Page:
Tuesday, April 12, 2011

Dangerous mobile phone use

Every so often I hear stories about how dangerous mobile phones are. The media love to highlight how much more dangerous mobile phones are in cars.

Now, I won't deny that the idea of texting or sending e-mails while driving is a chilling thought. I'm glad that many states have made it illegal to do so, and I hope that the law will earnestly curtail these practices.

But when it comes to mobile phone use in terms of making and receiving calls-- especially using hands-free setups-- I wonder how legitimate these dire warnings really are. For example, one recent report claimed that studies showed that, even with a hands-free arrangement, talking on mobile phones was more distracting than, say, carrying on a conversation with a passenger. As a result, they say, laws should be passed that outlaw ANY use of mobile phones while driving.

Now, I'll grant the premise of the study: when talking on the phone, the person on the other end doesn't know when to stop talking to allow you to focus on traffic, etc. The theory goes that a passenger will sense (even if they don't notice themselves) when driving needs to be the only thing demanding a driver's attention, whereas a caller (who isn't present in the car) won't know and thus will just keep talking. I wouldn't say there is nothing to this.

What I would say, though, is three very-related things in response (that, I think, invalidate the conclusions to some degree):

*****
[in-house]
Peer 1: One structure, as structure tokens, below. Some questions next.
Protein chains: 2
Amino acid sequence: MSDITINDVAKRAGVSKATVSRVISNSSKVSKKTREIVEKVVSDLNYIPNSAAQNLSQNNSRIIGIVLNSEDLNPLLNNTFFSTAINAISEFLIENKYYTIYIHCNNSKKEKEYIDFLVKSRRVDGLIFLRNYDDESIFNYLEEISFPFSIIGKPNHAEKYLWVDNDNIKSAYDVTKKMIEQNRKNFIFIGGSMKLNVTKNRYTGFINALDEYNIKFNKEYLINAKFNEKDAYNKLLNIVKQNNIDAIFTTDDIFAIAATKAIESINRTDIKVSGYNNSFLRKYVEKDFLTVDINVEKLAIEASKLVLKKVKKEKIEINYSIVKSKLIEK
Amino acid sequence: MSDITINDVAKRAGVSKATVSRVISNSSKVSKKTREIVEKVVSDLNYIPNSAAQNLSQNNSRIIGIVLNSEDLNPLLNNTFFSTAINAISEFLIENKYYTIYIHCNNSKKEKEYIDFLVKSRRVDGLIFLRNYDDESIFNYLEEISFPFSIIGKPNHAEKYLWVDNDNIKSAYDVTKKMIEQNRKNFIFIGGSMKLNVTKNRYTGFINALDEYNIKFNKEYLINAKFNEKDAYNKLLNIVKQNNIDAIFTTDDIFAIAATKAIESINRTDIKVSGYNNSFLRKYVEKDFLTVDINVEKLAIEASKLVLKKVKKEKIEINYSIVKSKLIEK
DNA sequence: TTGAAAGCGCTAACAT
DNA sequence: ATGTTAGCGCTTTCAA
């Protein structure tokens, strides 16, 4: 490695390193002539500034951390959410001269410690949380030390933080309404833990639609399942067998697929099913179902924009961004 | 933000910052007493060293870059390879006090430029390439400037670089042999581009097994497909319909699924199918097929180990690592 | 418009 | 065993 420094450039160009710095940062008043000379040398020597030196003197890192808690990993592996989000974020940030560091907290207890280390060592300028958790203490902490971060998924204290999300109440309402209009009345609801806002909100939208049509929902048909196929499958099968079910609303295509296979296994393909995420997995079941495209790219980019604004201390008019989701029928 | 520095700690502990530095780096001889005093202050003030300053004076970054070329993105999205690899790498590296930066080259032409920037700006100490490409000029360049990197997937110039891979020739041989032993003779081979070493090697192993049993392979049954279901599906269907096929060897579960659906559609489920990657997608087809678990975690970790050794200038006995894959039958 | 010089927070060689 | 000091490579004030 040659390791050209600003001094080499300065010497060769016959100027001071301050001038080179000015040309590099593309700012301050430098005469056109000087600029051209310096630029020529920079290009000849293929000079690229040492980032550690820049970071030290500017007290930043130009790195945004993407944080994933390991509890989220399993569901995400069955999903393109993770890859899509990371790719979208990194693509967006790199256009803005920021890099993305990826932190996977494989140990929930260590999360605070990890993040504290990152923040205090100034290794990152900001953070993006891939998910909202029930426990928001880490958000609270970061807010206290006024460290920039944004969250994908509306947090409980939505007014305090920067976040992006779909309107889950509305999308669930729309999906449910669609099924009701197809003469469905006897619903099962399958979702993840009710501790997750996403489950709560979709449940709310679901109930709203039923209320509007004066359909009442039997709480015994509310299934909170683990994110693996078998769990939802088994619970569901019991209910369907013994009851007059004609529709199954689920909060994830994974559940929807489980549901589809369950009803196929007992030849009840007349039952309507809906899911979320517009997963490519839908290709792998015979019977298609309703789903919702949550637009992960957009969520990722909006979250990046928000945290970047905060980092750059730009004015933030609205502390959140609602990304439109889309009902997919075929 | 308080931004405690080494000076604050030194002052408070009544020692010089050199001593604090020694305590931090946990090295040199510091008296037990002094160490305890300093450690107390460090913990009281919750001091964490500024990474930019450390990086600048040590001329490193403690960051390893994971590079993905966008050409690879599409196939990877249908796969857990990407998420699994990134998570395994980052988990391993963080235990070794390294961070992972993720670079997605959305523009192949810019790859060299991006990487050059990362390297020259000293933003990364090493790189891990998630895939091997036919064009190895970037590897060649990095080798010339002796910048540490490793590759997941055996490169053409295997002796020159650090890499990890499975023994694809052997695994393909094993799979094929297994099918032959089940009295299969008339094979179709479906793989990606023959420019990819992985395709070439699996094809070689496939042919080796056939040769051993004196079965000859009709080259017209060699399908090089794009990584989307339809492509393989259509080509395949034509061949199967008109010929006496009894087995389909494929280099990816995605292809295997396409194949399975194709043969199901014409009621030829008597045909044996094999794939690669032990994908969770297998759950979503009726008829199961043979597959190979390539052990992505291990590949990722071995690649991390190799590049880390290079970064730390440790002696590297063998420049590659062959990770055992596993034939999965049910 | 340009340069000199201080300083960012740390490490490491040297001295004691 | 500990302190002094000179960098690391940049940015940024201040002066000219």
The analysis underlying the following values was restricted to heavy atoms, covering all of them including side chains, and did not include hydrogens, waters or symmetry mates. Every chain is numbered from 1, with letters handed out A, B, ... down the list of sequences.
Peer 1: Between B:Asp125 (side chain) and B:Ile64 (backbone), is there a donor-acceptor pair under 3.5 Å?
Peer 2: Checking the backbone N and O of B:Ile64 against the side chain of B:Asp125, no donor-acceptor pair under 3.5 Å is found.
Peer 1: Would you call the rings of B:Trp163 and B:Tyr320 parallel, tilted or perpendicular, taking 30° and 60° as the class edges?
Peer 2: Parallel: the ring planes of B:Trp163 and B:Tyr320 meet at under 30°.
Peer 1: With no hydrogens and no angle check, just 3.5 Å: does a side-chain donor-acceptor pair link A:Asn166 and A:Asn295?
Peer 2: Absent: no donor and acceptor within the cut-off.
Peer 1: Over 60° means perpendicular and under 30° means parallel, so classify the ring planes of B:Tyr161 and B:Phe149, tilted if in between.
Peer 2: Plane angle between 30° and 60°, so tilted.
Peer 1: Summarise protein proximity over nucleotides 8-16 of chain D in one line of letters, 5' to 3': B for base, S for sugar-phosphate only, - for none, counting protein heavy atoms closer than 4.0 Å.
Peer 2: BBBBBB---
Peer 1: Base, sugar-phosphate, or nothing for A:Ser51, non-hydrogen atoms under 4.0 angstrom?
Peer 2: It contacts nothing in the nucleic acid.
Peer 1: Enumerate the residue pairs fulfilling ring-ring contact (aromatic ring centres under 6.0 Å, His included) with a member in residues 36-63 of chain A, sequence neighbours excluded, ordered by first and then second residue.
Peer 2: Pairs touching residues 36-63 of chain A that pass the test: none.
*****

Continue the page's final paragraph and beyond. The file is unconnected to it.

First, this isn't new. Did they conduct similar studies when the radio was first introduced? Or the drive-thru window at a fast food restaurant? Doubtful, at least in part because we are in search of scapegoats and impersonal explanations more now than then. In terms of the constant demand and distraction potential, the radio is just as bad theoretically as a mobile phone. Yet no one is calling for removal of car stereos for the sake of road safety. Why? Because...

Second, people adapt. I estimate that, in 10 years or so, this will be a non-factor for road safety. By that point, every vehicle will have a hands-free setup included and talking on the phone in the car (if we still call them "phones") will be as commonplace as listening to music or talk radio. People will have learned to simply tune out the distraction and focus when they need to do so, and callers will be used to the occasional pause in conversation or the need to repeat themselves. Drivers will do this when danger is present in the same way that I have learned to tune out the noise of my kids in the back of the van (who are at least as oblivious to present hazards as anyone calling me on my mobile phone). I already notice this happening. The scapegoaters who refuse to demand personal responsibility for safe practices will have moved on, because...

Third, there are plenty of other dangerous practices. Beyond the radio, eating lunch on the go, kids in the back seat, and mobile phones, I've seen/known people to do far more dangerous things. Ever witness another driver putting on makeup, playing harmonica, sorting mail, or reading while driving at speeds of 60+ MPH? I have. Notice, too, that none of these are new concepts or technology. They're just poor driving practices!

I think a lot of this goes back to my ideas regarding fear of technology: once a new technology is mainstreamed into culture, we begin to realize that it might actually have negative implications as well-- and we begin to suspect and blame it, rather than the users, for the problems that might arise.

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